The essential experience of those who have been away for a substantial time is to see once-familiar things through a very different prism. It is best, though, to keep such thoughts private, at least for a time. People who have been there all along may not understand what you are talking about, and can take your comments as criticism rather than affectionate observation. Keeping your mouth shut is Lesson Number One for the returning expatriate. Be aware that you are likely to have forgotten some of the local rules of discourse, or that those rules may have changed during your absence. If you follow Teddy Roosevelt's advice to "walk softly and carry a big stick", use it to check for crocodiles and to measure the depth of the water before jumping in.
IN GENERAL, AUSTRALIANS did not begin to look seriously to North America as a place to live until well after World War II. In The Great Shame (Doubleday, 1999), Thomas Keneally tells the story of the Irish political transportees who escaped and ended up in the United States. General Meagher, for example, fought for the Union in the civil war, but later drowned (was possibly murdered) while he was governor of Montana. Others left in the late 19th century for the Alaska gold rush. Melbourne-born-and-raised Harry Bridges is an iconic figure in US trade-union history for his leadership of the Longshoremen during the first half of the 20th century.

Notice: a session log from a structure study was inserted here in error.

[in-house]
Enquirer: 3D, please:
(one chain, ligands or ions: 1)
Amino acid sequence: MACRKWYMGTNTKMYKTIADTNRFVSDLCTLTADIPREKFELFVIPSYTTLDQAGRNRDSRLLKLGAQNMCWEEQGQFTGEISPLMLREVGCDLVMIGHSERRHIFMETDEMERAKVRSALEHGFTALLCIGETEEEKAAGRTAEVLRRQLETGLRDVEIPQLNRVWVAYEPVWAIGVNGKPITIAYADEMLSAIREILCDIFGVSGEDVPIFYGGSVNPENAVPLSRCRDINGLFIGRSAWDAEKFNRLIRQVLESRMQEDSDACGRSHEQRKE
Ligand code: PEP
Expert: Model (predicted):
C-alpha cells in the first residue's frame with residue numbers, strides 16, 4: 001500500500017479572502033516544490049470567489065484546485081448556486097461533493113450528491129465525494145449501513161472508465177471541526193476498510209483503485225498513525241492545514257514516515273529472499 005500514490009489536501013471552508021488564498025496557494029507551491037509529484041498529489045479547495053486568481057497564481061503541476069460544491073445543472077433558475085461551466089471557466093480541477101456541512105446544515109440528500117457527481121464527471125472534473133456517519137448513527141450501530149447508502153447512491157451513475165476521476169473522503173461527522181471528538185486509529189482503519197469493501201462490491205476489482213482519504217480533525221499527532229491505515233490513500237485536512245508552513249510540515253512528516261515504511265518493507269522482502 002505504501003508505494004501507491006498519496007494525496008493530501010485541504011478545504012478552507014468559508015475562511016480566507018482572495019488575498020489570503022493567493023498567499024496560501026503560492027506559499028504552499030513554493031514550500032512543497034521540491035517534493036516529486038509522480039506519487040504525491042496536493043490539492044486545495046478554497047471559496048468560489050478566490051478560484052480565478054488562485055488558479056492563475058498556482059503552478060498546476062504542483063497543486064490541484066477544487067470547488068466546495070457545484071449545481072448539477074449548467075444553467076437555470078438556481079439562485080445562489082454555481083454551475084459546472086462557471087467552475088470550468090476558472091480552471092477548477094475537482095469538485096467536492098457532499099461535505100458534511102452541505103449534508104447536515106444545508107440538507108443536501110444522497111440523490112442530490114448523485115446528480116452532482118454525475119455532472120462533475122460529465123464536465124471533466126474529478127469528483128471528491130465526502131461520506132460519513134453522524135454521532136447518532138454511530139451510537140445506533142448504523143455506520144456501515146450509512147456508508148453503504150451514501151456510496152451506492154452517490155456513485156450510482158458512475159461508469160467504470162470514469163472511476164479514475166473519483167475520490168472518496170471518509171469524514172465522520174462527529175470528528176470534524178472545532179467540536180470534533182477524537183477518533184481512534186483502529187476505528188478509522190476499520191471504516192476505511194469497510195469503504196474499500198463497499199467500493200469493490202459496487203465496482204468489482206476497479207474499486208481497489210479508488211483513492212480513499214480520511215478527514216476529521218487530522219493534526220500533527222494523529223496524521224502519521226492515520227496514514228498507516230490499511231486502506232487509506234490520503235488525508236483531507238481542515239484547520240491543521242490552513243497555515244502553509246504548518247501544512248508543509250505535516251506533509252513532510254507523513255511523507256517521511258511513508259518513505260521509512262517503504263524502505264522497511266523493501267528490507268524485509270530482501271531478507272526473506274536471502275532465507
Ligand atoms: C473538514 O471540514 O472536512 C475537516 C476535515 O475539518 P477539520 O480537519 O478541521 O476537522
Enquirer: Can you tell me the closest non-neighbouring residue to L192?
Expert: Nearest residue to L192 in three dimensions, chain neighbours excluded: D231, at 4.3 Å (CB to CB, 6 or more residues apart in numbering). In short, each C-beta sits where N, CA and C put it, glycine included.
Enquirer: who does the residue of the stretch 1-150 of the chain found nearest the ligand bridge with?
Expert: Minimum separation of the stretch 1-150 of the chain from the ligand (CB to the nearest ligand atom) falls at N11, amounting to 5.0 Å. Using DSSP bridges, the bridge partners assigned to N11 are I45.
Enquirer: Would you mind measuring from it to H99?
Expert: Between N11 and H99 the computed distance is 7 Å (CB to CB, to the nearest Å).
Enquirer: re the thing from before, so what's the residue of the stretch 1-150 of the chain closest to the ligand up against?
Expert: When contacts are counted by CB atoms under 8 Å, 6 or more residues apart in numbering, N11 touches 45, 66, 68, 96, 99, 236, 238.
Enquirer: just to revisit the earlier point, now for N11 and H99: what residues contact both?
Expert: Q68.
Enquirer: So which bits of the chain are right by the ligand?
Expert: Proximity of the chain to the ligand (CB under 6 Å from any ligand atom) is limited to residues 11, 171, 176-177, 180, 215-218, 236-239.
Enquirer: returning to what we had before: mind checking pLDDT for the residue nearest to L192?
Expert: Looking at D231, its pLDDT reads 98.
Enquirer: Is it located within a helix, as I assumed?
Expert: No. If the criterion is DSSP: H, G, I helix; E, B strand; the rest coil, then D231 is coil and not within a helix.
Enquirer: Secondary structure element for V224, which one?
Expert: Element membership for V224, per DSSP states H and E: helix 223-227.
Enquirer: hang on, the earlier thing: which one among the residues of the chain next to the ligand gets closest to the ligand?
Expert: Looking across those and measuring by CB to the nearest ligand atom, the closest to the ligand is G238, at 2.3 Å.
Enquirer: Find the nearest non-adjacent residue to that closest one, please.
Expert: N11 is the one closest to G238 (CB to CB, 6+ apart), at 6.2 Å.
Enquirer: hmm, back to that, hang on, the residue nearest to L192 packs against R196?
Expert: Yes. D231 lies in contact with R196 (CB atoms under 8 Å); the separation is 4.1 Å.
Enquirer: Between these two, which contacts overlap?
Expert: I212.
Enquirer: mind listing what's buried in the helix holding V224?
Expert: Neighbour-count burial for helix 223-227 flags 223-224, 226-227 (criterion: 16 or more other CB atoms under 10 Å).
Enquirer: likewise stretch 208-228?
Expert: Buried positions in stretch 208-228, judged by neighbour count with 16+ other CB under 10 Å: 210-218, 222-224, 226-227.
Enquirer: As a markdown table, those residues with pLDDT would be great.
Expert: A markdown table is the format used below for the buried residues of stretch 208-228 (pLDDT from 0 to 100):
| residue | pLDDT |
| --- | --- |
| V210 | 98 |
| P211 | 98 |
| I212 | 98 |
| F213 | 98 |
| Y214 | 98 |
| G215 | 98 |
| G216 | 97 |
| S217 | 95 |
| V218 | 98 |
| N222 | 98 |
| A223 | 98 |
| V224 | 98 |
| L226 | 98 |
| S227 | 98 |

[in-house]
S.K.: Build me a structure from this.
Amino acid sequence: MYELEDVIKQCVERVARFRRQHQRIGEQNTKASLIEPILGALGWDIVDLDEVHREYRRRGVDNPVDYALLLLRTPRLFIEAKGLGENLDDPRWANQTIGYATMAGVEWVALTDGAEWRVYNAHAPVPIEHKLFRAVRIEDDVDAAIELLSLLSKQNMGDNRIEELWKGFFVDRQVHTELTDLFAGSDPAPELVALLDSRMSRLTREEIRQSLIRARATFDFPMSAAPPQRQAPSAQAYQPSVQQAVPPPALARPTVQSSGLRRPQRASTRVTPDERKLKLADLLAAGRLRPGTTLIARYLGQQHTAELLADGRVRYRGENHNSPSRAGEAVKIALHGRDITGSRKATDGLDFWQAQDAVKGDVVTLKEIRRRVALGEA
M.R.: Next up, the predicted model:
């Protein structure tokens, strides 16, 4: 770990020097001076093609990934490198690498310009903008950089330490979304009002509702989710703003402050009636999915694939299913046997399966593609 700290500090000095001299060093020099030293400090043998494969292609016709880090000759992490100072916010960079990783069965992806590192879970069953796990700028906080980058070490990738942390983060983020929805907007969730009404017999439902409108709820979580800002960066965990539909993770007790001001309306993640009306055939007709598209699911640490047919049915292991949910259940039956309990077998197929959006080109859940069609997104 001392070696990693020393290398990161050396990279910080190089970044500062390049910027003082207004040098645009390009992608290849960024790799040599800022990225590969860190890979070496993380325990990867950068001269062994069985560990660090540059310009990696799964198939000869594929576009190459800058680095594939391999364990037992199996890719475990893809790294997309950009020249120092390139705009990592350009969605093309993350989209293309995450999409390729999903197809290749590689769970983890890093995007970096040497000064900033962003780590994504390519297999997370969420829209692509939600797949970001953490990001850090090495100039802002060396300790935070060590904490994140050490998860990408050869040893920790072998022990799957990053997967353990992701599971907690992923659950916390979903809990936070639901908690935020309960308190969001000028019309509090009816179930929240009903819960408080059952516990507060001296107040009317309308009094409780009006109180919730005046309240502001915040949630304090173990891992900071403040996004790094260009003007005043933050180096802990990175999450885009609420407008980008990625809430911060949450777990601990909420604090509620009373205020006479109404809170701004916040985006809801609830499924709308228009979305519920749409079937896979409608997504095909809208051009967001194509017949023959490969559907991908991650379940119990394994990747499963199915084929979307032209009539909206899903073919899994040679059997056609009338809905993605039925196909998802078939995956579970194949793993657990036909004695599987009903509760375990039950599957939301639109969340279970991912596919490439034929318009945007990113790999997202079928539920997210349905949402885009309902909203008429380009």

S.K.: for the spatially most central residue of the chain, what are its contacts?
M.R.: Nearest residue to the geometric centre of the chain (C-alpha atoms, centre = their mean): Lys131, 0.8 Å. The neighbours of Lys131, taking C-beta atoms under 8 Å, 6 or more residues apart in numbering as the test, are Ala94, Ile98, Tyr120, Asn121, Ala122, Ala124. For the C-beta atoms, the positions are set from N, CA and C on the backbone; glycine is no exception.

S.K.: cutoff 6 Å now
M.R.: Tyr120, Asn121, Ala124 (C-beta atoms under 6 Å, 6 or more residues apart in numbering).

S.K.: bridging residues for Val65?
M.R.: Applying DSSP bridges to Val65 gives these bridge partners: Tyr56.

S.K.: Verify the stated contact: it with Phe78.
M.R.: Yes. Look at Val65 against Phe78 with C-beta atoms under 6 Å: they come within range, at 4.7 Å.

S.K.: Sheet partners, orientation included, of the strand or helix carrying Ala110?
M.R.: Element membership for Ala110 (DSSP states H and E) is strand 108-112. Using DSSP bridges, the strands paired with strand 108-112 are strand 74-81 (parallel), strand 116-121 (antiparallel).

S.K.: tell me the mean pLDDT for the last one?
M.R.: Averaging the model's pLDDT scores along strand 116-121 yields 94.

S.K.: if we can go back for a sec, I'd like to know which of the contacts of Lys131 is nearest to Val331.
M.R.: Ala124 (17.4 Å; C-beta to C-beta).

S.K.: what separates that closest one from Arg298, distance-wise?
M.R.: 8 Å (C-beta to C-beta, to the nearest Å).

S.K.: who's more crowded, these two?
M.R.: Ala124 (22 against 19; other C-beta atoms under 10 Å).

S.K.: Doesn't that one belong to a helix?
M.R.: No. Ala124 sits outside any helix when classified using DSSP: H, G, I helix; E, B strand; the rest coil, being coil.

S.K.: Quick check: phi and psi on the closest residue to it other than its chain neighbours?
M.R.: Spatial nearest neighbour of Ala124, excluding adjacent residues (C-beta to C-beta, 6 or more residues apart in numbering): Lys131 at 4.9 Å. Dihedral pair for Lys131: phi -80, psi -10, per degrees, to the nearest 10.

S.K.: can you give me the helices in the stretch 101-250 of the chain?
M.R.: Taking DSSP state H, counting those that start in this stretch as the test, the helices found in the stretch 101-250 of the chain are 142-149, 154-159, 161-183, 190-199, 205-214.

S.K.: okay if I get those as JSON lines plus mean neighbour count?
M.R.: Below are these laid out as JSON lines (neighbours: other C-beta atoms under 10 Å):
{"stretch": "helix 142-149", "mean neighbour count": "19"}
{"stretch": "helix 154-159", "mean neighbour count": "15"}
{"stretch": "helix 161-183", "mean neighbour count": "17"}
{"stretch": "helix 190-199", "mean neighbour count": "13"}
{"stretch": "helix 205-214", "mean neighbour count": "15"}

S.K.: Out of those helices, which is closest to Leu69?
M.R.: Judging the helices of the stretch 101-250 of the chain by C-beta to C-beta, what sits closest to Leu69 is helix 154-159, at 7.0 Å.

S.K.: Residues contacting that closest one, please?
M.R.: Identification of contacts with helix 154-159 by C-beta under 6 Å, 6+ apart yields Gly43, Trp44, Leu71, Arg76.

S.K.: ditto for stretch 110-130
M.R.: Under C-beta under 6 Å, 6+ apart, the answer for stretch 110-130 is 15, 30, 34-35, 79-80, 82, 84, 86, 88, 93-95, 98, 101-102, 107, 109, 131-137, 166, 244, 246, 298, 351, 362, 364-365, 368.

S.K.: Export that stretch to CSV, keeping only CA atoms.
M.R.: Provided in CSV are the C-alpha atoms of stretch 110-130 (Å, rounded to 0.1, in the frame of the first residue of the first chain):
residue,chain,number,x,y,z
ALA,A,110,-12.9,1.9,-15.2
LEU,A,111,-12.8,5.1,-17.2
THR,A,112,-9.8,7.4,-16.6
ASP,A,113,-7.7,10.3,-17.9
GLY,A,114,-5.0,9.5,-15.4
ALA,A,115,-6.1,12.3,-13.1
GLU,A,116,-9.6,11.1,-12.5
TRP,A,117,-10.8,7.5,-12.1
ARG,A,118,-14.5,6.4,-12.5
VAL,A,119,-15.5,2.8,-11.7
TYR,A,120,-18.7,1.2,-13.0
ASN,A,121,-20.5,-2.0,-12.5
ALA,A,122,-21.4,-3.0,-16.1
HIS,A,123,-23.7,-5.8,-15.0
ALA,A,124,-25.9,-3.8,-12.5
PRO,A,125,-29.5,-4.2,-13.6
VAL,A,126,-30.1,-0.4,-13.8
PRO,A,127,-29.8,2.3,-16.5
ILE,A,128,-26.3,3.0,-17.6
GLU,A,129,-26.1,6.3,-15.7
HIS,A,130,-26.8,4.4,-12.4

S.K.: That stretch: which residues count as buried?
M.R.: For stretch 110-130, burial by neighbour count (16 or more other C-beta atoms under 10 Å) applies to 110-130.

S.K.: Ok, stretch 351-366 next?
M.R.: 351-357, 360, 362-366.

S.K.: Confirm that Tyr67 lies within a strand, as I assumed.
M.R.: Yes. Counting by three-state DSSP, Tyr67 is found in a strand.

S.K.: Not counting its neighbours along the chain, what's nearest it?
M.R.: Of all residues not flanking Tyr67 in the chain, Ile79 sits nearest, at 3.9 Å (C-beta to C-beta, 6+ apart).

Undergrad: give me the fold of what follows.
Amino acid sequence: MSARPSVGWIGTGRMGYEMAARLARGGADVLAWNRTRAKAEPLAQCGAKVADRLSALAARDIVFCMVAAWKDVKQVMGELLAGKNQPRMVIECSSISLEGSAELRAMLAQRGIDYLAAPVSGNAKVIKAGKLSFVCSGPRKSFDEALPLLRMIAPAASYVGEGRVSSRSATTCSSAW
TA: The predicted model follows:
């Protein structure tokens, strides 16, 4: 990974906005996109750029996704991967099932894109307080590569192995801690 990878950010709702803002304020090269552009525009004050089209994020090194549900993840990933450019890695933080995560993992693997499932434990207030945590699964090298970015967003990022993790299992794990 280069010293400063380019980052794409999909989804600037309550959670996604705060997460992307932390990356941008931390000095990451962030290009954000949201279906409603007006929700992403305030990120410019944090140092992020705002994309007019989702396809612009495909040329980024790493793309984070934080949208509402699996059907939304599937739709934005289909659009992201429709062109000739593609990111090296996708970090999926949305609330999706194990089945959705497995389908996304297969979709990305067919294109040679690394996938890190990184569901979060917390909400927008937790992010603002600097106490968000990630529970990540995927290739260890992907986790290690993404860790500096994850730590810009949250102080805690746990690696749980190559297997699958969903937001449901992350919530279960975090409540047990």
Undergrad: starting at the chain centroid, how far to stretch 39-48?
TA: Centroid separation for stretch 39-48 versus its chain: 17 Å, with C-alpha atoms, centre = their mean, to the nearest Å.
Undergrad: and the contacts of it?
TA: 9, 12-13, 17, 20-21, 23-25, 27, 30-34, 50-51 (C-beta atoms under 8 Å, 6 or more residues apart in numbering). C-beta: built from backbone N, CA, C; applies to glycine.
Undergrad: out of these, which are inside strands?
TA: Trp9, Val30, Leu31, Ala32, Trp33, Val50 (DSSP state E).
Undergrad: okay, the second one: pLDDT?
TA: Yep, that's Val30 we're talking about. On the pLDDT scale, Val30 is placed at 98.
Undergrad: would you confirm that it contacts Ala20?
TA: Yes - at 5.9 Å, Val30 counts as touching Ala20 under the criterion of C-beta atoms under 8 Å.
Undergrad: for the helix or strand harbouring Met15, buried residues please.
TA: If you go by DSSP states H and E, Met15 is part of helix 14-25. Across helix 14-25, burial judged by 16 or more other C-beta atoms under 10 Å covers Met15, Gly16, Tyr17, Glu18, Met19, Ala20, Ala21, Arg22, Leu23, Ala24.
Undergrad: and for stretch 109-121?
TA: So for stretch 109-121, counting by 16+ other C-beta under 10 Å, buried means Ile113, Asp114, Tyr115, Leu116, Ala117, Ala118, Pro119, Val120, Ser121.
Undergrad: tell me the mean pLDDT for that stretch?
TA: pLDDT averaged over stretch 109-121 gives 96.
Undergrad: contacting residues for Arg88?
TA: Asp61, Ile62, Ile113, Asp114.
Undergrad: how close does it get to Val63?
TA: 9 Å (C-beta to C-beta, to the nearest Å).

The increasing movement (from the 1960s) of Australian scientists to the US reflected the massive federal investment in physical sciences during the Cold War, and the rapid continuous expansion of both the National Institutes of Health (NIH) and the National Cancer Institute (NCI). The advances supported by the NIH and the NCI will, I believe, come to be seen as one of the best things that humanity did during the 20th century. The distribution of these federal research dollars to both private and state universities via highly competitive, peer-reviewed mechanisms led to the continuing, incredible dynamism of the leading US institutions of higher education. It also resulted in an erosion of top-down, "God-Professor" administrative models, a process that began later and is still in progress here. The open, flexible US research culture has in turn fostered high-technology industrial development in areas as diverse as electronics and drug development. This country has evolved local, smaller-scale variants of the US funding model in the Australia Research Council (ARC) and the National Health and Medical Research Council (NHMRC). A big problem here, though, is the relative lack of other means of research support from foundations and industry.